Ferber had to ask what was a showboat. When told, she became so intrigued by the idea of a traveling theater on a river, that she was determined to make a story out of it. She stated, “Here, I thought, was one of the most melodramatic and gorgeous bits of Americana that had ever come my way. It was not only the theater — it was the theater plus the glamour of the wandering drifting life, the drama of the river towns, the mystery and terror of the Mississippi itself… I spent a year hunting down every available scrap of show-boat material; reading, interviewing, taking notes and making outlines.”

The story that Ferber eventually wrote dealt with race, class, inter-racial marriage, gambling and alcoholism. It was not what would be thought of as adaptable material for a musical of its day. But that did not deter Jerome Kern, who asked Hammerstein to write the book and lyrics. They had previously worked together on the musical “Sunny,” which had the popular song “Who (Stole My Heart Away?)” Showboat was adapted into a musical by Oscar Hammerstein and was given a lavish production by Florenz Ziegfel at his Ziegfeld Theater at 54th Street and Sixth Avenue. It took courage to produce it.

Prior to this, light operettas and musical comedies with breezy dialogue that was there just to connect the songs were popular. “Show Boat” is recognized as changing the genre.

Hammerstein continued to challenge minds and hearts concerning race and culture with “South Pacific” and “King and I,” and dealt with other challenging subject matter in “Carousel, “Allegro” and “The Sound of Music.”

The one-night-only show had a spectacular cast of Broadway professionals. Laura Osnes from Broadway’s “Cinderella” and “Anything Goes” played Magnolia, daughter of Captain Andy (Lee Wilkof) and Parthy (Jessica Walter from Broadway’s “Anything Goes” and TV’s “Arrested Development”) who own the Mississippi showboat, the Cotton Blossom.

The headliners are Julie (Marcy Harriell from Broadway’s “In the Heights”) and Steve Baker. Comic song and dance couple are Frank (Clyde Alves from Broadway’s “On the Town” and the Bucks County Playhouse “The New World”) and Ellie (Stephanie Gibson from Broadway’s “Charlie and the Chocolate Factory”). The play shows the life on the river, with lives of black sweat and strain juxtaposed by a much easier white life, that is nonetheless still difficult. Julie is part black and is thrown off the showboat for being married to a white man. Magnolia falls in love with a river boat gambler, Ravenal (James Snyder from Broadway’s If/Then and Encore Series “Grand Hotel”).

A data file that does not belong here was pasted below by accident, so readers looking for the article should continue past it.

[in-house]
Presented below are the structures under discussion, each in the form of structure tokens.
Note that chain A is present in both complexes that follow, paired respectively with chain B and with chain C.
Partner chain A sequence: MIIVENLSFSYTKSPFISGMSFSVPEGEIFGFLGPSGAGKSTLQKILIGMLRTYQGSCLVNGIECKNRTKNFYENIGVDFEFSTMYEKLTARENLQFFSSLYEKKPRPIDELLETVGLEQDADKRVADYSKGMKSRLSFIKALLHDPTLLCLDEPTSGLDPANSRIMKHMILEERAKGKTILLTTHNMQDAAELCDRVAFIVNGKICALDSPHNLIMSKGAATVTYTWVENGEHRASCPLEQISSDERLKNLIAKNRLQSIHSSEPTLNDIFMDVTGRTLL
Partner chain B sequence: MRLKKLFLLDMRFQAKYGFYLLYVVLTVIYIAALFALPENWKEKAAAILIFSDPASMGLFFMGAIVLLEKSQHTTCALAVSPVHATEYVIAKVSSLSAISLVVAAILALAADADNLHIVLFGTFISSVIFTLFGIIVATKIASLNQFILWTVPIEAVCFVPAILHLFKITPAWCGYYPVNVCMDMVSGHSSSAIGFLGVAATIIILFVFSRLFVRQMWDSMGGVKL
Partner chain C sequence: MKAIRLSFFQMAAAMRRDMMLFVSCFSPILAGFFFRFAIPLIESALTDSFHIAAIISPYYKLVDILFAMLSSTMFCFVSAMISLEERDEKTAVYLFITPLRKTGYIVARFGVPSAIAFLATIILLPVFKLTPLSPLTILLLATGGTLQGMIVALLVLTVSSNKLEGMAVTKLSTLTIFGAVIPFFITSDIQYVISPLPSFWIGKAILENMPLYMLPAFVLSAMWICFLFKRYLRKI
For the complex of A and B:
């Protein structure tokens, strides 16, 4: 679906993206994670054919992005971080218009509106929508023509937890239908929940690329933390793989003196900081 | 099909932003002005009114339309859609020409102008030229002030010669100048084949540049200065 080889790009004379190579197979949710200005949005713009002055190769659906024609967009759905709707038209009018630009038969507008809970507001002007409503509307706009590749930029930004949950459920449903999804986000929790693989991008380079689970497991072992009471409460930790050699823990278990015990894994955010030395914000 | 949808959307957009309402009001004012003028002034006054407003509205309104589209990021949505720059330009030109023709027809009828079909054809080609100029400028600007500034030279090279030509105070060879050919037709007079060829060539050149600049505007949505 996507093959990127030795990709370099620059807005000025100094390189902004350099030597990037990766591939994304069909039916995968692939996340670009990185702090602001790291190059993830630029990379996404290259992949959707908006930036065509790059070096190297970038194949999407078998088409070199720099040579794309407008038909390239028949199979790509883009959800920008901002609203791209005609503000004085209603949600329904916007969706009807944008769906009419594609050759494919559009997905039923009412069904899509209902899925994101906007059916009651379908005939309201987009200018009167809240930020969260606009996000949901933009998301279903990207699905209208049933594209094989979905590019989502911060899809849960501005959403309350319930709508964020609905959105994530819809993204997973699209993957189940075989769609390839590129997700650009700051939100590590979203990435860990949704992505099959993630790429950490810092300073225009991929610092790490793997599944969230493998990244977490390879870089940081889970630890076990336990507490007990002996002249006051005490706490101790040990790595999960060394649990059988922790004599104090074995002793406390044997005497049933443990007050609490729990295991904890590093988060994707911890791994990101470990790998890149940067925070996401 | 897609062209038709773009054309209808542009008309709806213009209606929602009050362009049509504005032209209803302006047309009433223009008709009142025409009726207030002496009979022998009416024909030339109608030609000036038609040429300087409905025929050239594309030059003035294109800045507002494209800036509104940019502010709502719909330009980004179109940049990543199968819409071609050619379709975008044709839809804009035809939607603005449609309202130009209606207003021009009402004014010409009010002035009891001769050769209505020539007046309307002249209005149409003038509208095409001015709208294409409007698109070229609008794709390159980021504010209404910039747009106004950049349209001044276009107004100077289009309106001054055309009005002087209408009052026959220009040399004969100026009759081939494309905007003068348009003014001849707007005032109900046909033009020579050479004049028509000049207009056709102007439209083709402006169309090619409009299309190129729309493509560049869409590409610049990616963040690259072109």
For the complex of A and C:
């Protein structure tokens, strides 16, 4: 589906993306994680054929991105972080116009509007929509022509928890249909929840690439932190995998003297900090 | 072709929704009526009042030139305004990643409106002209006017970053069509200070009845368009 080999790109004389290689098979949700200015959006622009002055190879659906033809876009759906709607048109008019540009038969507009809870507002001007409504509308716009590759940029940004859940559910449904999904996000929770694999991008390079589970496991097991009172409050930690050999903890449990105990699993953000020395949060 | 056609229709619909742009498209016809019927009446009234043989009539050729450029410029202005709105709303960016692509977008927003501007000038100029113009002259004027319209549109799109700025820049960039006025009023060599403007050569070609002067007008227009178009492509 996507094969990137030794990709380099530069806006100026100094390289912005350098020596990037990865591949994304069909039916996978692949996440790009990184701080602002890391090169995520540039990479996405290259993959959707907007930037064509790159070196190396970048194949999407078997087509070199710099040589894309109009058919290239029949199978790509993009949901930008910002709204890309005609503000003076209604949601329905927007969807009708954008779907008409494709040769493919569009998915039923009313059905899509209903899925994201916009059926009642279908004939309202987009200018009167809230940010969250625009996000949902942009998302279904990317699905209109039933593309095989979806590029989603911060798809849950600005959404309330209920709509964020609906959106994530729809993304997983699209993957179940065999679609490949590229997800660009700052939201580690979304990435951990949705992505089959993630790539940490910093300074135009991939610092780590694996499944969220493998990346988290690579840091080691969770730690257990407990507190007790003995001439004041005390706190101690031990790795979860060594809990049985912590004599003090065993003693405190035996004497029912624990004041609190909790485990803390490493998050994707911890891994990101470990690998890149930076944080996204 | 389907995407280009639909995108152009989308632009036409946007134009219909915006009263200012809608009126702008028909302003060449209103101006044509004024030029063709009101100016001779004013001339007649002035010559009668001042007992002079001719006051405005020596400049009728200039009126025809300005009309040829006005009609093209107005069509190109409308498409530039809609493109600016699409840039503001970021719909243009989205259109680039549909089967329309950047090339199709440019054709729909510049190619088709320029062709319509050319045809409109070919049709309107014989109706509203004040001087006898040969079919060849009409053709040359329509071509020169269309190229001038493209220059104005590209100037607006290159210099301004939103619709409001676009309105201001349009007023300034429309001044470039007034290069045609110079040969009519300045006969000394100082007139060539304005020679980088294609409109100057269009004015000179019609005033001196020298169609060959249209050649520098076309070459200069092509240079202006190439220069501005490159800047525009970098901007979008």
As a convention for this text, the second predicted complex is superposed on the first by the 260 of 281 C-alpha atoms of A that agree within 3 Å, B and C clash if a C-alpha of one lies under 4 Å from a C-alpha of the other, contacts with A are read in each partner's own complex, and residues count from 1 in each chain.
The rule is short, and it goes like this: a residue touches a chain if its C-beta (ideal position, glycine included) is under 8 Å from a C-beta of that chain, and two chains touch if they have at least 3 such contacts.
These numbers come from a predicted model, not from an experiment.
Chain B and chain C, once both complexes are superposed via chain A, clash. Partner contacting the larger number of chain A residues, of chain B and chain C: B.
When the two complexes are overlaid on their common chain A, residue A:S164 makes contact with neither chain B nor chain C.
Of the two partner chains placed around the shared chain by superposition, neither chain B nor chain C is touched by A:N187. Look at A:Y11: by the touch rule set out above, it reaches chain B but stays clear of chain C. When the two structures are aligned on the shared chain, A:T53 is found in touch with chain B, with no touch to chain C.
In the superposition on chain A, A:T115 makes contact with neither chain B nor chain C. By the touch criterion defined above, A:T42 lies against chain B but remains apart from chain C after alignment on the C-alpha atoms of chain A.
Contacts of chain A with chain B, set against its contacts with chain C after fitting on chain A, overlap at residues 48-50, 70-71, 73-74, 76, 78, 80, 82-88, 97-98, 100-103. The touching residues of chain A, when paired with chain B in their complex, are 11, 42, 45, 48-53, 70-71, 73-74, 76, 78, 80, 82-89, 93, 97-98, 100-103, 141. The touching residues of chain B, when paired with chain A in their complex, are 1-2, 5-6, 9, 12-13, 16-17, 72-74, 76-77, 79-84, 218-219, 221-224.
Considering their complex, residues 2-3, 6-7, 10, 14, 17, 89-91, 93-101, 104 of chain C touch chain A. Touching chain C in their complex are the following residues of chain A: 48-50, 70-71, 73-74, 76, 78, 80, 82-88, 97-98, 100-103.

Joe (Michael Bell, nominated for a Tony for Joe in “Show Boat” on Broadway) is a black docks man and sings the classic song of working hard on the Mississippi, “Ol’Man River.” He is married to Queenie (Natasha Yvette Williams from Broadway’s “Waitress) who prognosticates that bad things are a’ comin’ in the song “Misery’s Comin’ Around.” Other songs in the show include musical standards “Only Make Believe,” “Can’t Help Lovin’ Dat Man” and “Life Upon the Wicked Stage.” Direction is by Josh Rhodes and music director is Andy Einhorn.

The Playhouse should be encouraged to continue with this format that is reminiscent of New York City Center’s Encore Series. Certainly, they should continue to mount full-fledged productions, but assembling a great group of actors for a week of concert performances for shows seldom seen, a’ la City Center, would be a real treat. This format was a huge success and worked very well for them.

“Show Boat” was launched and the sailing was smooth. We are all awaiting the arrival of the new musicals that are being readied for departure. Looking forward to being on board.